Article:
I'm fairly certain the Jets won't be trading up to draft Stafford. In fact, that's the scenario that I think is least likely. They haven't even looked at him, as far as I know, although they have met with Sanchez and Freeman. I don't think they're going to draft a QB at all, unless maybe if Freeman is there at the 52nd overall. I think it's more likely they try to trade down in the first and trade up in the second to get the best possible combo of WR and DE. Say, Heyward-Bey at 22 (might Minn trade up if Sanchez is available at 17?) and Jarron Gilbert around 42? Or maybe they pick Davis or Andre Smith if he falls. I just don't think trading up for Stafford is in the cards. Plus they need later round picks to fix some depth issues like a blocking TE, reserve OL.

41
by shake n bake :: Tue, 03/24/2009 - 12:35pm

I like the Colts pick. Though Nicks and Britton are tempting there.

Nicks so Indy isn't one injury away from starting Piere Garcon or Roy Hall and can run their 3WR+Clark 2 minute/3rd and mid-long offense.

Britton because LT Tony Ugoh is inconsistent and RT Ryan Diem was the most washed up player on the Colts offense last year and their tackle in waiting Charlie Johnson was a disaster in 07, and still not great when he played outside in 08.

42
by ggruber66 (not verified) :: Tue, 03/24/2009 - 12:53pm

Let me first say that FO's nickname of "ManKok" is absolutely hysterical. I mean I know the pronunciation of Kokinis' name, but did anyone proof this in written form?

But a truly ridiculous mock draft.
* Oher at #6? If ever there was a trade to be made, can you tell me that the Bungles couldn't find anyone who wants either Stafford or Crabtree and move down? Oher is easily a mid-to-late round pick and doesn't belong anywhere near the Top 10.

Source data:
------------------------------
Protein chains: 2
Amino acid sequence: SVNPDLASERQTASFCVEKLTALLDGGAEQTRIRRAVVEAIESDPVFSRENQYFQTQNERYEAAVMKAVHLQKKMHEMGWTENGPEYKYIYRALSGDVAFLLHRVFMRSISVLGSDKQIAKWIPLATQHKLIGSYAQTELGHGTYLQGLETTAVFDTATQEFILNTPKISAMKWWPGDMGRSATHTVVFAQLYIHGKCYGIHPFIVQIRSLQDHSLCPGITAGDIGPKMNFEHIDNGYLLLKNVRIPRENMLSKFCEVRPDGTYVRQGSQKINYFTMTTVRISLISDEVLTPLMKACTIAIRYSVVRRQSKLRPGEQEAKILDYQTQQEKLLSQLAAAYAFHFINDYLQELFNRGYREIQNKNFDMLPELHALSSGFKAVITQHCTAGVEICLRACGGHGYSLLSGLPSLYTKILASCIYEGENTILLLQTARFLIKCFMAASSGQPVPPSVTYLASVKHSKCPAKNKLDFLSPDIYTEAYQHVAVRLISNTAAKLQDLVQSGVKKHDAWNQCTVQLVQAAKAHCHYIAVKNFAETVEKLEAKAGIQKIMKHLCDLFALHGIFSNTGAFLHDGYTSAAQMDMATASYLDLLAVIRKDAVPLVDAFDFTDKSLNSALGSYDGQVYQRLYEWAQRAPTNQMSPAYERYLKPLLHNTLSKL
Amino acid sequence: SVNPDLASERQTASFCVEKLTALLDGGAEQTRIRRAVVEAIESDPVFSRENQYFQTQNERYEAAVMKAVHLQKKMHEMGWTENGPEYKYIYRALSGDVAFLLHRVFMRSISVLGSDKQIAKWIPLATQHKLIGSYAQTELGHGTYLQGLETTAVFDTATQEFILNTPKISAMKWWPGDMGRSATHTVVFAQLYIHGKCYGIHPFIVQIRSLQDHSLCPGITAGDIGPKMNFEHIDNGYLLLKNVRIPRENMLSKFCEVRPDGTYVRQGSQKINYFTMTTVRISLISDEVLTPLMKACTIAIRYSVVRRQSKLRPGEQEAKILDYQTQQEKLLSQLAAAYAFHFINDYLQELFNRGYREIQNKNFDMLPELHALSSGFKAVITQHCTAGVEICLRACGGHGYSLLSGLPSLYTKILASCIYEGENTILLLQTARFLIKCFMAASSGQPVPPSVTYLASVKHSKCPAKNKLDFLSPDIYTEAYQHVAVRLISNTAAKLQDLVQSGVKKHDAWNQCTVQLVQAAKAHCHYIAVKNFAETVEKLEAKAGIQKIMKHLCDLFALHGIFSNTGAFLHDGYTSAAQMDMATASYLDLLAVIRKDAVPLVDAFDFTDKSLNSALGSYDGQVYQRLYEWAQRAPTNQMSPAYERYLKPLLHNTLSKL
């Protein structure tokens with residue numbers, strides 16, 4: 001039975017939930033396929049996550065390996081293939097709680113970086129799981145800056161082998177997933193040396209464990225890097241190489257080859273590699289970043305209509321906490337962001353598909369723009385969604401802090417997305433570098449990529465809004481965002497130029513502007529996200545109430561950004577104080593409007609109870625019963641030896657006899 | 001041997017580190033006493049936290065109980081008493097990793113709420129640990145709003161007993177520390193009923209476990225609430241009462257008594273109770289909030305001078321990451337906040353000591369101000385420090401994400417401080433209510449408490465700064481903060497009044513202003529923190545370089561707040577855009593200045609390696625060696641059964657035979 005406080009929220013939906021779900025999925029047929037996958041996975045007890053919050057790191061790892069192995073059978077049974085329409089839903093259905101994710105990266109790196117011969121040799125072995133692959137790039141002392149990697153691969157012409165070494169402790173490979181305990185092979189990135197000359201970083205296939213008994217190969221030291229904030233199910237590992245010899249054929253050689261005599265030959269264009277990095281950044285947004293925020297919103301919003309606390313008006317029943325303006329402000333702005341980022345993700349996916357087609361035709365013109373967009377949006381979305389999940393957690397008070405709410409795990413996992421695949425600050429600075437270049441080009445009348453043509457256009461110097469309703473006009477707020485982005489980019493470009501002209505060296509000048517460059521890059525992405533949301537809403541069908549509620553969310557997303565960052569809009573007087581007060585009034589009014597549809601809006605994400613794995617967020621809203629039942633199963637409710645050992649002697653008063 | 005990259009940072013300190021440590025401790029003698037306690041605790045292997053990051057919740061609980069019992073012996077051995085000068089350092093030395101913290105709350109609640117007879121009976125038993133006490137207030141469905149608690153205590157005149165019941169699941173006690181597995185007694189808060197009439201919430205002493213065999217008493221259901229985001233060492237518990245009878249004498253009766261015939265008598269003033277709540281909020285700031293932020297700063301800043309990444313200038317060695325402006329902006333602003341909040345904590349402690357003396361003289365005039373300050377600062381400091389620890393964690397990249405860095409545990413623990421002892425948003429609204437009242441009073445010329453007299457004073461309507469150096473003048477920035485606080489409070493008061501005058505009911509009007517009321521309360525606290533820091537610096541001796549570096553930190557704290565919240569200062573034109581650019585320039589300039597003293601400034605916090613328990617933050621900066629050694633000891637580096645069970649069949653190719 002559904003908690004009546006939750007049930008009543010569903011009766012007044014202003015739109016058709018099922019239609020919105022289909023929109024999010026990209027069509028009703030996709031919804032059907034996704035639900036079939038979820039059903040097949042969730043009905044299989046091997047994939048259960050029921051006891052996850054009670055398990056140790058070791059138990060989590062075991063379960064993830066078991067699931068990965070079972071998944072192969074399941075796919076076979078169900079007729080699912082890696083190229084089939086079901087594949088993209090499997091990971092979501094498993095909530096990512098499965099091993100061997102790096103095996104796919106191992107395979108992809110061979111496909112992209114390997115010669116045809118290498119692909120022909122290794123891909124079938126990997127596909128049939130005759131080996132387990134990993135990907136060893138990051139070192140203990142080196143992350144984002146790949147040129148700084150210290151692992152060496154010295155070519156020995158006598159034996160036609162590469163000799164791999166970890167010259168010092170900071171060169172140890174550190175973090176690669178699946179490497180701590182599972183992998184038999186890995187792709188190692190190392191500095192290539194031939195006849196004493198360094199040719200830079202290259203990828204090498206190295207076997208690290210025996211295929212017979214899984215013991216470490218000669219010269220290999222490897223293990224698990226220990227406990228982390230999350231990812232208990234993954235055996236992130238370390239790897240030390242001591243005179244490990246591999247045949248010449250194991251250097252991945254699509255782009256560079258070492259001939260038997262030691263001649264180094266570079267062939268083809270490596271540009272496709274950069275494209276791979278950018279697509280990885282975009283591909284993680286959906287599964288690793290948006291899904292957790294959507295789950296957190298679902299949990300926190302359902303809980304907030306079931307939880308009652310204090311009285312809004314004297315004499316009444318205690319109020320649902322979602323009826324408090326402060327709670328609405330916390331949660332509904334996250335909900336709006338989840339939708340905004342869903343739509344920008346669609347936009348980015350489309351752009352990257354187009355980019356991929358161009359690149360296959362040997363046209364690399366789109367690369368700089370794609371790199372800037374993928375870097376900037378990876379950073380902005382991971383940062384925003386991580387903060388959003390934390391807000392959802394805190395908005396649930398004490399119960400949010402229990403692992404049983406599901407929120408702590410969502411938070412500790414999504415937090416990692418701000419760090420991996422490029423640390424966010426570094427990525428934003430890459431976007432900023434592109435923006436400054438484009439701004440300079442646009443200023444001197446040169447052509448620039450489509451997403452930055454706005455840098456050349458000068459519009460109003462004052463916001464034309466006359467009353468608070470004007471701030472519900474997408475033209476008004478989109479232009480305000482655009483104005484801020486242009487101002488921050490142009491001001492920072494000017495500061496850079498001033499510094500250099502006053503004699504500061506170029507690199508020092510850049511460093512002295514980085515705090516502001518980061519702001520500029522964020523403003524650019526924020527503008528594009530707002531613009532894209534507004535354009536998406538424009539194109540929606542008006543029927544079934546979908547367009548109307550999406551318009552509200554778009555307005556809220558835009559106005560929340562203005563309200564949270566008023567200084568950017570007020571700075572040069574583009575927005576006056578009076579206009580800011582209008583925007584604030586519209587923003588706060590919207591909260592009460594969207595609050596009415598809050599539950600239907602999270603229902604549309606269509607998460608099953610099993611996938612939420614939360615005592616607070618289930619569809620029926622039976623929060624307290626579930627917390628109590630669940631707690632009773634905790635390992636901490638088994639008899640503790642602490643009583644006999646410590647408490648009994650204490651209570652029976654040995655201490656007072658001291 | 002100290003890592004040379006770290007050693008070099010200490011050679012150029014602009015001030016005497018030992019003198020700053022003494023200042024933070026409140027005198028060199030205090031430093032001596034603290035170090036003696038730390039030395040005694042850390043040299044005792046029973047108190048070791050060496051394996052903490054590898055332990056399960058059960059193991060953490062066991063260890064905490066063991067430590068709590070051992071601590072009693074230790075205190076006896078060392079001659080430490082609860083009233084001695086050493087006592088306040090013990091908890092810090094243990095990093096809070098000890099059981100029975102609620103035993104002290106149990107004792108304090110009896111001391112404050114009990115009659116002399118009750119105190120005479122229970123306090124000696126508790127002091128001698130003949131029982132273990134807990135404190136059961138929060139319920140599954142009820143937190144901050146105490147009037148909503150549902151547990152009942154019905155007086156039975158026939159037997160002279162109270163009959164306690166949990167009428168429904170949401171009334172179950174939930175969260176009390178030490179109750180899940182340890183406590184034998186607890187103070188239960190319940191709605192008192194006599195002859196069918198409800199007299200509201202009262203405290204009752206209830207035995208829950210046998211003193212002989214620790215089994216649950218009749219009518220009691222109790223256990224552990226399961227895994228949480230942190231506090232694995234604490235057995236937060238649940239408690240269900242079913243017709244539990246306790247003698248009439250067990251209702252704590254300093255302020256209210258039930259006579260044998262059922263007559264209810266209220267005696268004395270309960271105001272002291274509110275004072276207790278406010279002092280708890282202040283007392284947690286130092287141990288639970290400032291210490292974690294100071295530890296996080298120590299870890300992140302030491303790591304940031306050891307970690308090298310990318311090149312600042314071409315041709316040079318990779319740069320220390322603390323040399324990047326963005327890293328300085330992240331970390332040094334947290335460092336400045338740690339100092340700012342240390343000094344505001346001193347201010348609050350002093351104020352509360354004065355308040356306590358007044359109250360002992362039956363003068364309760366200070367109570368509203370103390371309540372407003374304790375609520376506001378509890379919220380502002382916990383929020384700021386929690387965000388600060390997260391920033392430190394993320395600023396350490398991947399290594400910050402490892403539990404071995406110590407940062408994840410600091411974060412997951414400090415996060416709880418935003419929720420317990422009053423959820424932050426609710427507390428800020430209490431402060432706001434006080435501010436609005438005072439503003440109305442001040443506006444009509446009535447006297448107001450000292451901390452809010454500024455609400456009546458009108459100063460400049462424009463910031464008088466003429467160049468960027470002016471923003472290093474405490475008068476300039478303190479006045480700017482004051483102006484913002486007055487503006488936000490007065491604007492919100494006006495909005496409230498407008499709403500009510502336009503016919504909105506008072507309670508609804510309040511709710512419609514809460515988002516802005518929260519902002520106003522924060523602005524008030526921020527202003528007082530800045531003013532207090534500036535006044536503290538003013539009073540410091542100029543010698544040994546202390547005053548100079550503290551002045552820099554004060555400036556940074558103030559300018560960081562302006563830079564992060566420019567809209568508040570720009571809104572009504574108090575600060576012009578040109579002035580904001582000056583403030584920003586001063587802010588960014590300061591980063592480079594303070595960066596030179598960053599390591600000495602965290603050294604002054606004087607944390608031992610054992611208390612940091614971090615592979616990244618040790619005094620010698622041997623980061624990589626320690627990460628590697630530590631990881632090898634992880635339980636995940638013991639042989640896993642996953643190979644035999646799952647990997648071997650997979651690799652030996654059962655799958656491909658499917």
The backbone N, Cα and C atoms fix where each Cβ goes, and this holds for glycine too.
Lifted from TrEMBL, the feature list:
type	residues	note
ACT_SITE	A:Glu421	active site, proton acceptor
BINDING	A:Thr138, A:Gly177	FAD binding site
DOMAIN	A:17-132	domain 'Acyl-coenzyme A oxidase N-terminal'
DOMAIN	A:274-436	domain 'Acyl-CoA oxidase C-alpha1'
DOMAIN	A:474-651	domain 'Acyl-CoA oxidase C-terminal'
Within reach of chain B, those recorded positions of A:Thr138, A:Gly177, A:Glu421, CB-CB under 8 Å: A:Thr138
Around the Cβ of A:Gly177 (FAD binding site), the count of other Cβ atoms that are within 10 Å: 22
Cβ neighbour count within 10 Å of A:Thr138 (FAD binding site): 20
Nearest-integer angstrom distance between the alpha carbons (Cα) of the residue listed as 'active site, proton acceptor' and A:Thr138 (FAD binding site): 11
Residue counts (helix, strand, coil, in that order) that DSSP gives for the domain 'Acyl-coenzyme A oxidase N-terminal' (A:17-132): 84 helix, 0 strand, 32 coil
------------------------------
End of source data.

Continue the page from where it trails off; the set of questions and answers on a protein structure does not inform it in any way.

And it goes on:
* Stafford goes at 11 in a trade the Bills make within the division? NEVER happens
* Belicheck will actually trade up in a draft? Not likely, especially with the depth at LB in this draft.
* Robiskie at the end of the first?

I can go on, but I have work to do.

56
by JasonK :: Tue, 03/24/2009 - 2:18pm

I don't think that ManKok is original to FO. As I understand it, the nickname has been in use in Browns circles (blogs; message boards) for a while now.

And, yes, it is hilarious.

43
by Chris (not verified) :: Tue, 03/24/2009 - 12:57pm

Jason,

Cushing & Ray Ma are both able to upgrade over Danny Clark at the SAM LB spot for the Giants and with 5 picks in the first 3 rounds it wouldn't shock me to see Reese unload some of that ammo for potentially the next Junior Seau or Brian Urlacher. I see a lot of the Giants LB depth as more WILL replacements and all of the Patriots/Cushing Versatility arguments work for the Giants as well. He'd be a lovely addition to that Giants front 7.

Ray Ma could play SAM for 1-2 years and then be a Pro Bowl MLB, otherwise Blackburn could be at least an average quality MLB, but probably more.

I highly doubt any WR drafted this year would come in and be that stud X WR they need so maybe a trade for Edwards and a new scenery for him makes sense at the right price.

54
by JasonK :: Tue, 03/24/2009 - 2:08pm

I don't think the Giants see a big difference between the WLB and the SLB in their system, other than that the SLB is the guy who goes to the sideline when the offense goes 3-wide. (Boley was a SLB in ATL, but the Giants are playing him at WLB to keep him on the field.) The whole strongside/weakside contrast goes out the window as soon as a WR or TE goes in motion, anyway. Sure, a blue-chip prospect could be an improvement, but I don't think using a 1st-rounder on one has as big an upside as it does with other positions, particularly when the team already has some young, developing players at OLB who should be ready for a larger role in '09. (Bryan Kehl is the horse I'm betting on here.)